Bernhard FindeissMonday March 30th, 2009
A key artifact in all agile methods, and hence in Scrum, is the retrospective.
Some agilists even go to such lengths as to say “start with retrospectives alone, the team will figure out the rest of the process themselves”.
What are retrospectives then, and are they carried out?
The need for retrospectives can be derived directly from the Agile Manifesto, which states
“Individuals and interactions over processes and tools”.
The 12 principles behind the manifesto literally say:
“At regular intervals, the team reflects on how
to become more effective, then tunes and adjust
its behavior accordingly.”
What this means is that in agile methods the team is in control of the process, not vice versa. If the team thinks it can be more effective by making a change to the process, then it should by any means do so.
This is obviously a very substantial difference to heavyweight processes: Here, the development process itself is beyond question. The team can only optimize its implementation.
Retrospectives focus on improving the team as a whole. This is in contrast to improving the productivity of individual team members. In fact, optimum team performance always goes with non-optimal productivity of individual team members. Focussing on individuals can therefore be counter-productive. E.g., spending time for communication will negatively impact productivity of individual team members (as the can’t do any work while communicating), but increase productivity of the team. Making individuals more effective by telling them not to communicate anymore, however, will cause team productivity to plummet, and is therefore not a good idea.
So, how and when should you have a retrospective?
Well, one the one hand, a certain amount of time should have been passed since the last one (because there will be nothing to talk about, if time is too short). One the other hand, it shouldn’t be all-too long either, otherwise commemoration of events since the last retrospective may already start to fade.
Agile retrospectives should be started immediately after project kick-off. They are not “post mortem” (as it is often the case in traditional models), but focus on improving the current project.
Of course, you can still have a post mortem retrospective if you want to. It just shouldn’t be the only kind of retrospective you do.
Fortunately, the easiest solution has turned out to work just fine: Just do retrospectives at the end of each iteration!
Now that the date is set, it is time to come up with an agenda. As it’s unnecessary to reinvent the wheel, I’d like to refer to the 5-point-agenda from the book “Agile Retrospectives: Making Good Teams Great!” by Esther Derby and Diana Larsen.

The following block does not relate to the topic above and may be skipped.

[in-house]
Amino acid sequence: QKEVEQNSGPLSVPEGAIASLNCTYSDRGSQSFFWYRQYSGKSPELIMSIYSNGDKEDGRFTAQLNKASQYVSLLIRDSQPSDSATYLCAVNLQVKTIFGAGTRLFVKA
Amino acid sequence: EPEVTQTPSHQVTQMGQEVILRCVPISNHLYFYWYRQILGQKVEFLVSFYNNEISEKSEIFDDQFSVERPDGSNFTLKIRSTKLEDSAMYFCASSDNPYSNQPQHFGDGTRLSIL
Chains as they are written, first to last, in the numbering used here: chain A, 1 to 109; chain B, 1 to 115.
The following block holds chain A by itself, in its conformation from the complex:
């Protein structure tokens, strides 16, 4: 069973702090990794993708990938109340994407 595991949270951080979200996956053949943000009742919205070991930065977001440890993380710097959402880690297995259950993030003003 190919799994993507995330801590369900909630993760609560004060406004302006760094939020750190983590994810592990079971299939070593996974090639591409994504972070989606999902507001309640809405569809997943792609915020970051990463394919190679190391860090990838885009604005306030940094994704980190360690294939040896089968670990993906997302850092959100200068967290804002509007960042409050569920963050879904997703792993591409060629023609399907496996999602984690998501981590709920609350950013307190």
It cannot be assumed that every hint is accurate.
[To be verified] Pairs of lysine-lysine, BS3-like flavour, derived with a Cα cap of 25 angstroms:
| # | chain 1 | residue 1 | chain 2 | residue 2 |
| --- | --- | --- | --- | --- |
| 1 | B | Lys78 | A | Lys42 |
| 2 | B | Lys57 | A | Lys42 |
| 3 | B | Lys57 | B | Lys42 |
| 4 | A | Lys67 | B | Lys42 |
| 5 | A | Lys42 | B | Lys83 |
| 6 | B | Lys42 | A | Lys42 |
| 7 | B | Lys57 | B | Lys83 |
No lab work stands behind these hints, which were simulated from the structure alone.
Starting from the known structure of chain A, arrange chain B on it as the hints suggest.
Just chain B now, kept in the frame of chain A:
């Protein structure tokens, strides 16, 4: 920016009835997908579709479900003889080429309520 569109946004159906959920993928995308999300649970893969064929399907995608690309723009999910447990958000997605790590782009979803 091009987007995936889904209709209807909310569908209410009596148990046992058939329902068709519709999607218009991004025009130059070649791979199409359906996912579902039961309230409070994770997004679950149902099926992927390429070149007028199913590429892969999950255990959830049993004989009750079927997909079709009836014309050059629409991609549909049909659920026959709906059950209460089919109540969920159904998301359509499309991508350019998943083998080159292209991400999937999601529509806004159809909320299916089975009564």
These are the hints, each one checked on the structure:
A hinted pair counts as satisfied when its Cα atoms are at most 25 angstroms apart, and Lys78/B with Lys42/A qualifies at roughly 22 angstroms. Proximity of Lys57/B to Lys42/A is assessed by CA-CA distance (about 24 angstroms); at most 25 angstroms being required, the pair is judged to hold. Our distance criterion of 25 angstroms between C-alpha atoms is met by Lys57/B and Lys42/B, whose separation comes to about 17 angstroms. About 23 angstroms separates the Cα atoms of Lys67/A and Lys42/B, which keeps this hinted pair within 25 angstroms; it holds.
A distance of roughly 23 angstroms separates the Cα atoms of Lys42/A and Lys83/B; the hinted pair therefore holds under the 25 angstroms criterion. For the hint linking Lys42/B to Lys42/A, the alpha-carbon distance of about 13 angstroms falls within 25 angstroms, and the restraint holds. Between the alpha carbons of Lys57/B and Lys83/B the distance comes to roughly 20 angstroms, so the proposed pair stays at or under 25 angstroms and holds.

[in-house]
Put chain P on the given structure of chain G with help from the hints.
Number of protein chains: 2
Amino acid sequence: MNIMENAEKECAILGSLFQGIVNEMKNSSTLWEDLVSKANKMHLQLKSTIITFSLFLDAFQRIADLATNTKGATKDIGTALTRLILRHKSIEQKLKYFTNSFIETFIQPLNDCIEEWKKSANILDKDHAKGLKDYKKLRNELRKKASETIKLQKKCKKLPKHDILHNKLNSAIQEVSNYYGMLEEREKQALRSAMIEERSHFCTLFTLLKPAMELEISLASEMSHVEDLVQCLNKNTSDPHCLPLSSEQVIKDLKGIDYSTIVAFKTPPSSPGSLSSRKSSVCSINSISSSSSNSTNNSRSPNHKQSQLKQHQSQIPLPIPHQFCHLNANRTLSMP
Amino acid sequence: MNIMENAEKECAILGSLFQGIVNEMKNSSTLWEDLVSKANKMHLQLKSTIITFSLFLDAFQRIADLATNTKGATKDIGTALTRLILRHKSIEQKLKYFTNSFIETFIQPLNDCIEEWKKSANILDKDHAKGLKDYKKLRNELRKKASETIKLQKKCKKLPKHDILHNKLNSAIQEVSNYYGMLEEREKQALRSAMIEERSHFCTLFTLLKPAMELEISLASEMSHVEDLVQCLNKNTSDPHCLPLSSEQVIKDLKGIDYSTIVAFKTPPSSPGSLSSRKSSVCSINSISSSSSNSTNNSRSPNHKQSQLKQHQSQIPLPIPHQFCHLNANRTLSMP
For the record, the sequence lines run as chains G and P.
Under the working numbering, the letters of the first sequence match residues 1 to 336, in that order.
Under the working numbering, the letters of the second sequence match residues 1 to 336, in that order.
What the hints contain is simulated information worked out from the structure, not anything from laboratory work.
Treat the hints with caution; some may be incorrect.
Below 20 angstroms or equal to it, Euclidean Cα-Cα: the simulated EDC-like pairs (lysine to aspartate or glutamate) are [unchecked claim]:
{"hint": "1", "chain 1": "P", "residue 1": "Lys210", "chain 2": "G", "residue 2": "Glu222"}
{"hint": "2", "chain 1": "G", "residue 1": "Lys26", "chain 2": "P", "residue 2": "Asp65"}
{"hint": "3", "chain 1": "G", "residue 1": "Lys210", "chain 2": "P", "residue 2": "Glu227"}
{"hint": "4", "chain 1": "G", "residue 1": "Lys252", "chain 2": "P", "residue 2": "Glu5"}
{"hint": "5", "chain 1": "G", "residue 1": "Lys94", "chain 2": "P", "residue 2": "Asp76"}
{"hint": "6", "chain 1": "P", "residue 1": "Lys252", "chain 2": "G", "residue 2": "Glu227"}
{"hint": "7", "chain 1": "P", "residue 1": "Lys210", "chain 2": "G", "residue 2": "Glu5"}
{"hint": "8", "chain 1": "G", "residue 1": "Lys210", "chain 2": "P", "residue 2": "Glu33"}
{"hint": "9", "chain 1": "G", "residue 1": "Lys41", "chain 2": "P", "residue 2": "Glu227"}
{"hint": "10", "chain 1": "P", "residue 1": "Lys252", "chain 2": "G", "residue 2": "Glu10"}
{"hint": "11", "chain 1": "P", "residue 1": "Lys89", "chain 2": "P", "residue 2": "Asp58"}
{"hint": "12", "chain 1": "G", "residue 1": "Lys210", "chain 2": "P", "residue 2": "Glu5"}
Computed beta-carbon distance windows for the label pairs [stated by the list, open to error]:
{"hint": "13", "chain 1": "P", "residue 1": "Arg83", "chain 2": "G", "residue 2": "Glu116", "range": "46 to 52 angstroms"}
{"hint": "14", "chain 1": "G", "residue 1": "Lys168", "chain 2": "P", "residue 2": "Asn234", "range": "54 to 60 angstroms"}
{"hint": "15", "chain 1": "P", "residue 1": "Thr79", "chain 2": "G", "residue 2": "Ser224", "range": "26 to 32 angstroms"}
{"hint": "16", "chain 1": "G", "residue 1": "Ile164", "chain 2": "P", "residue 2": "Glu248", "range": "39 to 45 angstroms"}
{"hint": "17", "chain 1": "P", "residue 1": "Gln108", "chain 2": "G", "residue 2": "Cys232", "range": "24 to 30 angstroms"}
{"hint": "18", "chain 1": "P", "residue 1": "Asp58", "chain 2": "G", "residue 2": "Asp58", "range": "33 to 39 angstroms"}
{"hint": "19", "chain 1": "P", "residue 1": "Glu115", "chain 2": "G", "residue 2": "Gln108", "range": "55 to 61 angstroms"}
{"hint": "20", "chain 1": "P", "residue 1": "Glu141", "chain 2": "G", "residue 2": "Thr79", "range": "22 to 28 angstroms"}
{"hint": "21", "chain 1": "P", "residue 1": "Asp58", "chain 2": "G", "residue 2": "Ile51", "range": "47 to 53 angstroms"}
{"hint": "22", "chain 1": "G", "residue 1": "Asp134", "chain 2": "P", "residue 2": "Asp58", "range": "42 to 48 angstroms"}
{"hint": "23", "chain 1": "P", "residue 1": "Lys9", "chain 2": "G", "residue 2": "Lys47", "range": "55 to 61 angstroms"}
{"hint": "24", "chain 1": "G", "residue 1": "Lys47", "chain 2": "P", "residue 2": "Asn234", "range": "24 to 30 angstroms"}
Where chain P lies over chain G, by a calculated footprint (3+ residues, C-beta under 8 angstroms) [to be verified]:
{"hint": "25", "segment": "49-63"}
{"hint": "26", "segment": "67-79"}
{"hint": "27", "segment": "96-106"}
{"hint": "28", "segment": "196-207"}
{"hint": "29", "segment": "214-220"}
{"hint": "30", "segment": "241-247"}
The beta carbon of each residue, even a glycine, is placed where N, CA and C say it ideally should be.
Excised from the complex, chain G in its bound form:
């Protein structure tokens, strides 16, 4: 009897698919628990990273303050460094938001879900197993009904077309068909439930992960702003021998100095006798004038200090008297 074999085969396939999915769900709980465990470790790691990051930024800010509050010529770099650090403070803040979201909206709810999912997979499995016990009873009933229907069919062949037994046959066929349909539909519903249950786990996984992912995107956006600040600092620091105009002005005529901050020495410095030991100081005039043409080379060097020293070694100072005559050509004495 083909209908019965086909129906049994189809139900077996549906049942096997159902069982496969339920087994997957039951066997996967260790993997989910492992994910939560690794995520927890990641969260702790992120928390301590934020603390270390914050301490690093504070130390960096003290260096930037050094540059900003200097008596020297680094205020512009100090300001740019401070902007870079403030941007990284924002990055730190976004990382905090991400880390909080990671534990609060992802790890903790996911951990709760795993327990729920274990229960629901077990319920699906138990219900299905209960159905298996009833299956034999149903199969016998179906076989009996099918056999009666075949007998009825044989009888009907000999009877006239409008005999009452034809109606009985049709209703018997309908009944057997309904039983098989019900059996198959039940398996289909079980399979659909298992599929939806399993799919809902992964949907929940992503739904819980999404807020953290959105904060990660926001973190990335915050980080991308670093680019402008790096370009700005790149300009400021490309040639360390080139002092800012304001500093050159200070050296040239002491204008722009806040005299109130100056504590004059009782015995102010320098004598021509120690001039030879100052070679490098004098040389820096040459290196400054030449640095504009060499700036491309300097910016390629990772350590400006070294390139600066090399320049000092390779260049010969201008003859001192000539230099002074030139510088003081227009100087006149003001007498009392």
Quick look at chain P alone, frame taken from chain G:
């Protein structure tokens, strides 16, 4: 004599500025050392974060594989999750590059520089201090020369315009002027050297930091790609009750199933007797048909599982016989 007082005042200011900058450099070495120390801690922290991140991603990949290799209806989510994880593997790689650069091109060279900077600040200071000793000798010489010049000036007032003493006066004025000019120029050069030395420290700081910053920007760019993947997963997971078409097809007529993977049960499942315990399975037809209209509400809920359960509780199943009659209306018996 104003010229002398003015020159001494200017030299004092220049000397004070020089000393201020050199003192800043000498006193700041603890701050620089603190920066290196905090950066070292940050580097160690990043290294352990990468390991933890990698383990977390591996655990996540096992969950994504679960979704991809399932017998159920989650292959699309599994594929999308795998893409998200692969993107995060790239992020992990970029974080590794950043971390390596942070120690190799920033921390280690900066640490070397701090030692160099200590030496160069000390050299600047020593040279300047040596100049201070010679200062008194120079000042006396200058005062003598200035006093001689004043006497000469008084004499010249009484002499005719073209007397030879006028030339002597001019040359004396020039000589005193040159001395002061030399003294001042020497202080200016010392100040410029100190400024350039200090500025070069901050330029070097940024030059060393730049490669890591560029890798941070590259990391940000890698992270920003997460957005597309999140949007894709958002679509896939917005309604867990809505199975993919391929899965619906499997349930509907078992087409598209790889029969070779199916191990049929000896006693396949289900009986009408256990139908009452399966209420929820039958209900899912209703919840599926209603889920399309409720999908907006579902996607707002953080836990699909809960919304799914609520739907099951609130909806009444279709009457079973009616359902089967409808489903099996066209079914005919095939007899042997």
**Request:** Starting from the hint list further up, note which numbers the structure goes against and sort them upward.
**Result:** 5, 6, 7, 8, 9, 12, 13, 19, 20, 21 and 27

It’s widely used throughout the industry, and also proved to work for us.
- Set the stage:
During this first phase, the last iteration’s sprint goal and the agenda for today are read out. If necessary, further agreements on the rules of this retrospective can be made (eg, no cell phones / laptops, no destructive criticism, etc.). This is to maximize participation of all team members.
- Gather data:
Here, as much information as possible on the latest iteration is being collected (whether objective or subjective). To achieve this, it is important that each person conributes his or her point-of-view. If done right, it will result in a good overview of events during the last sprint. This serves as data source for the rest of the retrospective.
- Generate insights:
The overview is now used for drawing conclusions. There are a number of techniques to support this. I will write an introduction on some of them in part 2 of this article. The result of this phase will be a list of suggestions on how to improve.
- Decide what to do:
This list is now being prioritized. Then, the team decides on how many of those suggestions it can implement during the following sprint. If possible, these tasks can be assigned to persons. He or she is then responsible for reporting on this subject in the future.
- Close the retrospective:
The retrospective’s results are summarized briefly. This could e.g. also be a to-do-list for all team members. Next, the facilitator thanks everyone for the effort put in this retrospective. Last, you can do a short “retrospective of the retrospective”. This enables the facilitator to improve also.
As you can see from these 5 steps, success of a retrospective depends greatly on the data gathered in steps 2 and 3. However, there exist a number of techniques which support the team in doing just that.
Therfore, I will introduce some of them in part 2 of this article…